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A UV Light Box For Making PC Boards

Even though SILICON CHIP publishes most PC board patterns and/or has them available for download, making your own PC boards has for many been put in the "too hard" basket. Here's one reader's way of producing commercial-quality PC boards at home. He starts off by building an exposure light box with timer.

by Robert Scott

I have been using Autotrax* 1.61 to design PC boards for my own creations for a few years now, ever since it became available at the right price (free!). Before that I used Easytrax* and way in the past I used Bishop Graphics tapes and pads.

LIGHT BOX CONTROL TIMER

Click for larger image
Fig.1: the light box controller is built on two PC boards and this circuit diagram is split in two vertically, each part containing the contents of one of the boards. They are joined by two short cables, one 4-way and one 12-way, which plug into connectors 1/3 and 2/4 respectively.

That at least got me a PC board artwork. Now the challenge was to convert that to a PC board.

I tried using "PressnPeel", a photo-sensitive film which transfers a toner direct to the PC board surface using a hot iron. This then acts as the resist for etching.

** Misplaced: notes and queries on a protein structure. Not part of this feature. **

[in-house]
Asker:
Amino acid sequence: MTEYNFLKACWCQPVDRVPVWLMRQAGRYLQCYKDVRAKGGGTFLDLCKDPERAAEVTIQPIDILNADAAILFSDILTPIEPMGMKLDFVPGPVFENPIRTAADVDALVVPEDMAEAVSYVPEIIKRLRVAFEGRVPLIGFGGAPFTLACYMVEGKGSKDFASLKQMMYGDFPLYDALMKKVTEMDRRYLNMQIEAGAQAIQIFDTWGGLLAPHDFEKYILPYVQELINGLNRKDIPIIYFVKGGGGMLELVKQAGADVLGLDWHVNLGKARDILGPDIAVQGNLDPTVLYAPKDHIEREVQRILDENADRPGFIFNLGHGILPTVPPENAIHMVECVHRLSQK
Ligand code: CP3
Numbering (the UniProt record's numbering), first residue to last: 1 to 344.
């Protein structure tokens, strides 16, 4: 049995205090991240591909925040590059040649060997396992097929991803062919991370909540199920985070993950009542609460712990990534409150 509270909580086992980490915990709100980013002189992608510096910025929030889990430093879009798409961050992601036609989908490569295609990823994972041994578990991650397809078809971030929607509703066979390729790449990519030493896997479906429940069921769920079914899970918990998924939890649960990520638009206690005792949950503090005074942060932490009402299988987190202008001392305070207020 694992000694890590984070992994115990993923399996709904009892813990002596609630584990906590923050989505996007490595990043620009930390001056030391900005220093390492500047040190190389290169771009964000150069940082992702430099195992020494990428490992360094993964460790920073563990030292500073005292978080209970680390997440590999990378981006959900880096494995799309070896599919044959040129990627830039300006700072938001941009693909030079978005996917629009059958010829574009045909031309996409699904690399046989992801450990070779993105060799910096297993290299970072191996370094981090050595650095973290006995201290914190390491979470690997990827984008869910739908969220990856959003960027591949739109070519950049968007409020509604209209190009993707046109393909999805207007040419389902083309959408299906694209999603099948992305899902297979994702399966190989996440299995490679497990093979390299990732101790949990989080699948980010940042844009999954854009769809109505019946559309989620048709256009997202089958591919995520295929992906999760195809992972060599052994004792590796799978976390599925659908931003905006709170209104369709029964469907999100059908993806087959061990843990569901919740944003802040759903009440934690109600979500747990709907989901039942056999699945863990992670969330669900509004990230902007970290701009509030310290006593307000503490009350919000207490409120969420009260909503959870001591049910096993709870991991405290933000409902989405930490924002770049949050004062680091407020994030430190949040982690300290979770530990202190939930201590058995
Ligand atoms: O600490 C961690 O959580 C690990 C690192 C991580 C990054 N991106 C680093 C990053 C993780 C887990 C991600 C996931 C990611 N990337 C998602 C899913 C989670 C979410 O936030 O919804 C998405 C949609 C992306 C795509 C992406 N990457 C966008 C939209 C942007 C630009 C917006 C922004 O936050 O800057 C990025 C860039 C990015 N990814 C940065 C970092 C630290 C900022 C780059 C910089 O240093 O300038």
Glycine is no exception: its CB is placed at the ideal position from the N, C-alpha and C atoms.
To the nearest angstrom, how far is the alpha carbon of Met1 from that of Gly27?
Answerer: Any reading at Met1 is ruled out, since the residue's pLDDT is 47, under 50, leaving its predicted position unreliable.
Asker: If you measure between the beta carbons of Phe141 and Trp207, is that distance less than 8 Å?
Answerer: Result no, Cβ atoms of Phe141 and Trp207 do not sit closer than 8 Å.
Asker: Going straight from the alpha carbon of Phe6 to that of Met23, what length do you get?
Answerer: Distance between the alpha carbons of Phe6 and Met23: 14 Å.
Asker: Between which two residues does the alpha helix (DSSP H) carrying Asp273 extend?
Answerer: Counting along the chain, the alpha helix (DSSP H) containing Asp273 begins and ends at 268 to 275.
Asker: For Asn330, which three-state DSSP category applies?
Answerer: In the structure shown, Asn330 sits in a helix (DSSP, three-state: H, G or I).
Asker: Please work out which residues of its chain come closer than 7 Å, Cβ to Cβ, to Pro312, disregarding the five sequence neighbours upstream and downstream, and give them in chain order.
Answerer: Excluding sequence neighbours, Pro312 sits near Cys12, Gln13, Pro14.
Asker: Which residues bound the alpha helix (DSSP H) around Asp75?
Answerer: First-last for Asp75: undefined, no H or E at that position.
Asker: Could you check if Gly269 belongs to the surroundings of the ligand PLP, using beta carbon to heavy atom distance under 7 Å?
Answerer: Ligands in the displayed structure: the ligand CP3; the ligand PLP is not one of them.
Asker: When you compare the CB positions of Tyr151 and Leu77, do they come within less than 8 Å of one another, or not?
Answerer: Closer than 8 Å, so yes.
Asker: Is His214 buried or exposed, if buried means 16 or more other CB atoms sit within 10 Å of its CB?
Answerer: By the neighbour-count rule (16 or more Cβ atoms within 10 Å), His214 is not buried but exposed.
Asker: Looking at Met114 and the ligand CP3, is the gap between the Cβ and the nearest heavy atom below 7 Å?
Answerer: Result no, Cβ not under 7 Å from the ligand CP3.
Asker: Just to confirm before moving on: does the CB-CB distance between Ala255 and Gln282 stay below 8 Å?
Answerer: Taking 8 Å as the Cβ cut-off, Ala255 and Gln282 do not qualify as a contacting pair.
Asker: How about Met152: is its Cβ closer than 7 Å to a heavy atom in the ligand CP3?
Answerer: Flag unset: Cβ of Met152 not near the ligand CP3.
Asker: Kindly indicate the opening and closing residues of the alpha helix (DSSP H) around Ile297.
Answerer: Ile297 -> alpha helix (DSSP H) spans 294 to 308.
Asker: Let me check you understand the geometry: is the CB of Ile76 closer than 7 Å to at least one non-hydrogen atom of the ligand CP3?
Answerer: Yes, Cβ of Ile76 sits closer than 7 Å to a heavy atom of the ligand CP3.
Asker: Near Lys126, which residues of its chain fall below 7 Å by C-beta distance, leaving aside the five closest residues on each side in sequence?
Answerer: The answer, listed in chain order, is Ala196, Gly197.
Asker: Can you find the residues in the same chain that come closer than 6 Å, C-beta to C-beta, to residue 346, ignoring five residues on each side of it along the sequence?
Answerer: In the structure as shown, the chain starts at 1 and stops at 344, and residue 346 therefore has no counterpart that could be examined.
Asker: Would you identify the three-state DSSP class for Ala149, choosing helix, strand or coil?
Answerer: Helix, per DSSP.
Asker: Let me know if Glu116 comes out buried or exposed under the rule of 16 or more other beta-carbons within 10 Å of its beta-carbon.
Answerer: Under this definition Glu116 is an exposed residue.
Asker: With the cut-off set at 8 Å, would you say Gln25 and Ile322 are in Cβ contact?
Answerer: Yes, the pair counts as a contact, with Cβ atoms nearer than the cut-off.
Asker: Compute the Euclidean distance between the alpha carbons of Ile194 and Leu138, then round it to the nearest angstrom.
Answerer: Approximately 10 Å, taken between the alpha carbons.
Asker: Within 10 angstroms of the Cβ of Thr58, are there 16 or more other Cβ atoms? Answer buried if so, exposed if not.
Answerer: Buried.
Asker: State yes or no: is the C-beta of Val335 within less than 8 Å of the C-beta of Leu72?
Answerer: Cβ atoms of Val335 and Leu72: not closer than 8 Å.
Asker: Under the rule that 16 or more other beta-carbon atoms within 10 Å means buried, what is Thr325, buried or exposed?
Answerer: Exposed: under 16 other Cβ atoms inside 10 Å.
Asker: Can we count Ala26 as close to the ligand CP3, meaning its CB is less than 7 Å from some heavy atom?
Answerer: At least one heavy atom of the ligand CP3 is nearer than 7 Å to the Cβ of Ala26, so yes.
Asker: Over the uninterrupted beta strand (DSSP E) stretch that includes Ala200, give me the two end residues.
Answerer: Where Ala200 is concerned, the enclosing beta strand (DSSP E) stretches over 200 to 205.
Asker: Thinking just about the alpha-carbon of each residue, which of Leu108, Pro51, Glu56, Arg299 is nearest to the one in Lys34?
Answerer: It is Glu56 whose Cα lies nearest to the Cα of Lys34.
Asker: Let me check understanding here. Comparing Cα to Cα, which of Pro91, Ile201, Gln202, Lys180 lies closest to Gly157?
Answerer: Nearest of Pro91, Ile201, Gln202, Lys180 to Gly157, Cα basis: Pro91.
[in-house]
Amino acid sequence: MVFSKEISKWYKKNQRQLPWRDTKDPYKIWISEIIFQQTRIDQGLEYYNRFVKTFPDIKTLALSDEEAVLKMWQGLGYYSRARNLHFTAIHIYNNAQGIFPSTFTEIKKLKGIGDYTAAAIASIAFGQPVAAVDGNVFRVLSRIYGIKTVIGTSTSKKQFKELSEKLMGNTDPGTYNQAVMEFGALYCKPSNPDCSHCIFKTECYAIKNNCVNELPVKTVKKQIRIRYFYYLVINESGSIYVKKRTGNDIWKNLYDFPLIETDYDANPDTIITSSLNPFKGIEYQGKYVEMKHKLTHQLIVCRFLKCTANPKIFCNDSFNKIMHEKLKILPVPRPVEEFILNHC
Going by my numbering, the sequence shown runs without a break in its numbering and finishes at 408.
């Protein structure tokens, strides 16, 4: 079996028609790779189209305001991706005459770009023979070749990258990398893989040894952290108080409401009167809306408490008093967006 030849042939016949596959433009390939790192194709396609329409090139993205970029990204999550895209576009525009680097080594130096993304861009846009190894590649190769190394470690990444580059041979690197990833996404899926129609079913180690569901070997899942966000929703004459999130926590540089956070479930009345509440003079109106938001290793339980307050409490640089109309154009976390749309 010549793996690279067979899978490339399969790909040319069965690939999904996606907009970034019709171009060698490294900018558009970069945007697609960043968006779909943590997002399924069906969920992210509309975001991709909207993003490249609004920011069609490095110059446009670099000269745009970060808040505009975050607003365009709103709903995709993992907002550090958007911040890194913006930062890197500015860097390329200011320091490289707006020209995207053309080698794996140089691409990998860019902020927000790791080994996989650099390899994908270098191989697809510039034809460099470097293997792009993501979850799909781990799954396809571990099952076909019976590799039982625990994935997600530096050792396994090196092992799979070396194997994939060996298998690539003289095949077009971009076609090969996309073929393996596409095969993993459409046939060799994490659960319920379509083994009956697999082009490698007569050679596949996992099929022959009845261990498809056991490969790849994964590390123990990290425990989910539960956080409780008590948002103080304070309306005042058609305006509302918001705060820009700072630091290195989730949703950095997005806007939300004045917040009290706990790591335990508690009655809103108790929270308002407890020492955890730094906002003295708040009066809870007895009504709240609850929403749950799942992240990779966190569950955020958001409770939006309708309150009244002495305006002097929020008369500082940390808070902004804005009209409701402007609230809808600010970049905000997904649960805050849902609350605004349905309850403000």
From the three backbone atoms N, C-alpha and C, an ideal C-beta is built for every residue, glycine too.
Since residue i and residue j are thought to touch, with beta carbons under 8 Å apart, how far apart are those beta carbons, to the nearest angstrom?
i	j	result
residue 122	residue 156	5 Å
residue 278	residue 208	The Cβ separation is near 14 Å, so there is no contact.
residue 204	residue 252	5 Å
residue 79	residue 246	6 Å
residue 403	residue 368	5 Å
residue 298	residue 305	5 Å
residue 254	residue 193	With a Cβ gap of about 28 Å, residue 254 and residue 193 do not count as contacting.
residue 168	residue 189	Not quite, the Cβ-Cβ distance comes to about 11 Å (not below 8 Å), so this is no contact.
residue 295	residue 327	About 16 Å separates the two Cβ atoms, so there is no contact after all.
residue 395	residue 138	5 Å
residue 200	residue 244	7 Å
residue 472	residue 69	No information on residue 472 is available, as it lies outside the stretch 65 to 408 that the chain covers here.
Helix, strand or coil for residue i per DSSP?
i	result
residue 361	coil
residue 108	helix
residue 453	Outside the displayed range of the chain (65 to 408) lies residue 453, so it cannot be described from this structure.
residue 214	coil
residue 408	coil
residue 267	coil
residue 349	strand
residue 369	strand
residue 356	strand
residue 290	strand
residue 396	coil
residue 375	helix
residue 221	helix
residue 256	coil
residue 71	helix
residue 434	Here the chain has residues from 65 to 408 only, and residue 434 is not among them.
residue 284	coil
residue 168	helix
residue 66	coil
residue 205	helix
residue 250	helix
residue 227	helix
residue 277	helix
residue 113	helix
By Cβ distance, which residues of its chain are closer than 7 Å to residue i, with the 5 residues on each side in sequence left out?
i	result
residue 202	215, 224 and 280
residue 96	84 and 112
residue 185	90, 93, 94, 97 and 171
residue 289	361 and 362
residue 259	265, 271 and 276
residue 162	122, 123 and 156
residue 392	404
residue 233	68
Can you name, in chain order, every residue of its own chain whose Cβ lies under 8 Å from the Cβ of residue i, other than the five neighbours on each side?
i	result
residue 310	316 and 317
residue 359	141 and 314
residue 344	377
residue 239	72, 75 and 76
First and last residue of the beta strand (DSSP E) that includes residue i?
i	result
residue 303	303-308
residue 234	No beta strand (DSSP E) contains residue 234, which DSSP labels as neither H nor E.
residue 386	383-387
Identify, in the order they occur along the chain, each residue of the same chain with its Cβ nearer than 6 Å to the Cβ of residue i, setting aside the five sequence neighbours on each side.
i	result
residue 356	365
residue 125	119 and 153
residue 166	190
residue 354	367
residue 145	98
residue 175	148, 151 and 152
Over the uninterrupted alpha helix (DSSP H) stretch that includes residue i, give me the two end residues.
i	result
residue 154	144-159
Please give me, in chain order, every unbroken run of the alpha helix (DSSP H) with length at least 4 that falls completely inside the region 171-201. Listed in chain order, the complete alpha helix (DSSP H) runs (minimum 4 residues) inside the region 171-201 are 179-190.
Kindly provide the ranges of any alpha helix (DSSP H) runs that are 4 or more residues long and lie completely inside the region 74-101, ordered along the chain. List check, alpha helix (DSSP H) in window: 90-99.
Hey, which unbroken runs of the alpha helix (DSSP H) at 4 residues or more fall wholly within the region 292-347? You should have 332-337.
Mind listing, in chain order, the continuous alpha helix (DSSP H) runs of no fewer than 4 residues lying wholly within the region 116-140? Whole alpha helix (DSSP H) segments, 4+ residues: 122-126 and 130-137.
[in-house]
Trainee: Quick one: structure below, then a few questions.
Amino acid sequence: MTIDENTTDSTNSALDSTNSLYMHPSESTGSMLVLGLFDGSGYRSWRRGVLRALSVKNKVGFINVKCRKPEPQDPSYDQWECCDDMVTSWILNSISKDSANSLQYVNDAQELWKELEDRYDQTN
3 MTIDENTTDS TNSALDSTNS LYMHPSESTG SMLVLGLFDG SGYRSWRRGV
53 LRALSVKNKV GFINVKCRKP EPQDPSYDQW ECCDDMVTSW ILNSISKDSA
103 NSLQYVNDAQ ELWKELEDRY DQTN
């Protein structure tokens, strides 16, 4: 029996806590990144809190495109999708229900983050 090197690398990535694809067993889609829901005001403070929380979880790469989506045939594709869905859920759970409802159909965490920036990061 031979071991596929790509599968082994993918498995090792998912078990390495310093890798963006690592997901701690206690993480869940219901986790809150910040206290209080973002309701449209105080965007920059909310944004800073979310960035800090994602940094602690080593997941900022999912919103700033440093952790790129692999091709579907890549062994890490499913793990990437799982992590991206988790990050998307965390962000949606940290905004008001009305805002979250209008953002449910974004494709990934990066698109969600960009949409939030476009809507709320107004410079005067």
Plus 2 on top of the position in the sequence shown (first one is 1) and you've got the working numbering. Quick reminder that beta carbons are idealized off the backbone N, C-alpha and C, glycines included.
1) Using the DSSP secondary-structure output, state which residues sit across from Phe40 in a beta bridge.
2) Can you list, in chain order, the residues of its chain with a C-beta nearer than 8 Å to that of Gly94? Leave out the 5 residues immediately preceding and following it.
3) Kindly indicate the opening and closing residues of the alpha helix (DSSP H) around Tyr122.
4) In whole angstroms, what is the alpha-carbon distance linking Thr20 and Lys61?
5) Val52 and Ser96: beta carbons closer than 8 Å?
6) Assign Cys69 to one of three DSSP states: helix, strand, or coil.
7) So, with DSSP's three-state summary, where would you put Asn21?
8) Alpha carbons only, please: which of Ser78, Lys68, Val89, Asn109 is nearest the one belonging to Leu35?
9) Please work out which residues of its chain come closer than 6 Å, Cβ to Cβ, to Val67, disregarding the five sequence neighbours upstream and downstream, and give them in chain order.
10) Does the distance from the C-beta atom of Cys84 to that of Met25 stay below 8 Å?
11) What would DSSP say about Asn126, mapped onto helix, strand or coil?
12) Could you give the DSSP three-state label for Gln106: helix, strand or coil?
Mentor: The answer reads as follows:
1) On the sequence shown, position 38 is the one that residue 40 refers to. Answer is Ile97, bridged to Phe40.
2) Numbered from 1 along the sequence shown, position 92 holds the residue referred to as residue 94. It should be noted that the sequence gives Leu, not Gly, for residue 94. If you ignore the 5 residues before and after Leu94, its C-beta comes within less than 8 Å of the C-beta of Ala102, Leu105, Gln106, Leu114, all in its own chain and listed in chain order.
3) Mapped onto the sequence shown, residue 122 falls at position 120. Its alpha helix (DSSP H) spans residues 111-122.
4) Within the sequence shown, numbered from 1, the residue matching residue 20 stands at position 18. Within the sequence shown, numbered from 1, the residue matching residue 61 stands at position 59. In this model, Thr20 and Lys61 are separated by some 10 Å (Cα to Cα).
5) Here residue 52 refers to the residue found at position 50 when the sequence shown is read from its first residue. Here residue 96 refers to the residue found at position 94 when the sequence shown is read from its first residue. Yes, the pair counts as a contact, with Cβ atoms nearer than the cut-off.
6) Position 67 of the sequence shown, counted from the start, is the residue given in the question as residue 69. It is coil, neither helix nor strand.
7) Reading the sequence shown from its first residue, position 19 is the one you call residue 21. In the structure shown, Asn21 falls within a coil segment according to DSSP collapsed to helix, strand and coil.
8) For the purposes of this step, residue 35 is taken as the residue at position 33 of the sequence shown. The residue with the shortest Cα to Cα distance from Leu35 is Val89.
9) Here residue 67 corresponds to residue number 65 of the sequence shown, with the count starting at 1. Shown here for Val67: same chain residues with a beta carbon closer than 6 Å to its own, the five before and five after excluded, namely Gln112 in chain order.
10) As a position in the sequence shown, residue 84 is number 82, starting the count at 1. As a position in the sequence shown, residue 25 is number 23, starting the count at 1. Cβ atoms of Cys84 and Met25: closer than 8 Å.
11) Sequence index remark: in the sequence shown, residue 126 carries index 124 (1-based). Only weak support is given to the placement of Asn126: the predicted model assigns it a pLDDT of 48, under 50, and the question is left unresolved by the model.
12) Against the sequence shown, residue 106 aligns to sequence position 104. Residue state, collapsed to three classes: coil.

However, despite the glowing reports I’ve seen on this product on the ’net, I found it had its limitations.

First, the blank PC board must be extremely clean for the toner image on the film to stick to it. Second, if the PC board artwork is quite a bit larger than the iron then it is hard to get the blank board up to the correct temperature all over for the toner to stick again.

Quite often you would pull away the film only to be left with a result where, Dalo pen in hand, you would have to repair the pattern as best you could.

It wasn’t a very satisfactory situation and to make matters worse, PressnPeel at a retail level adds quite a lot to the finished board cost.

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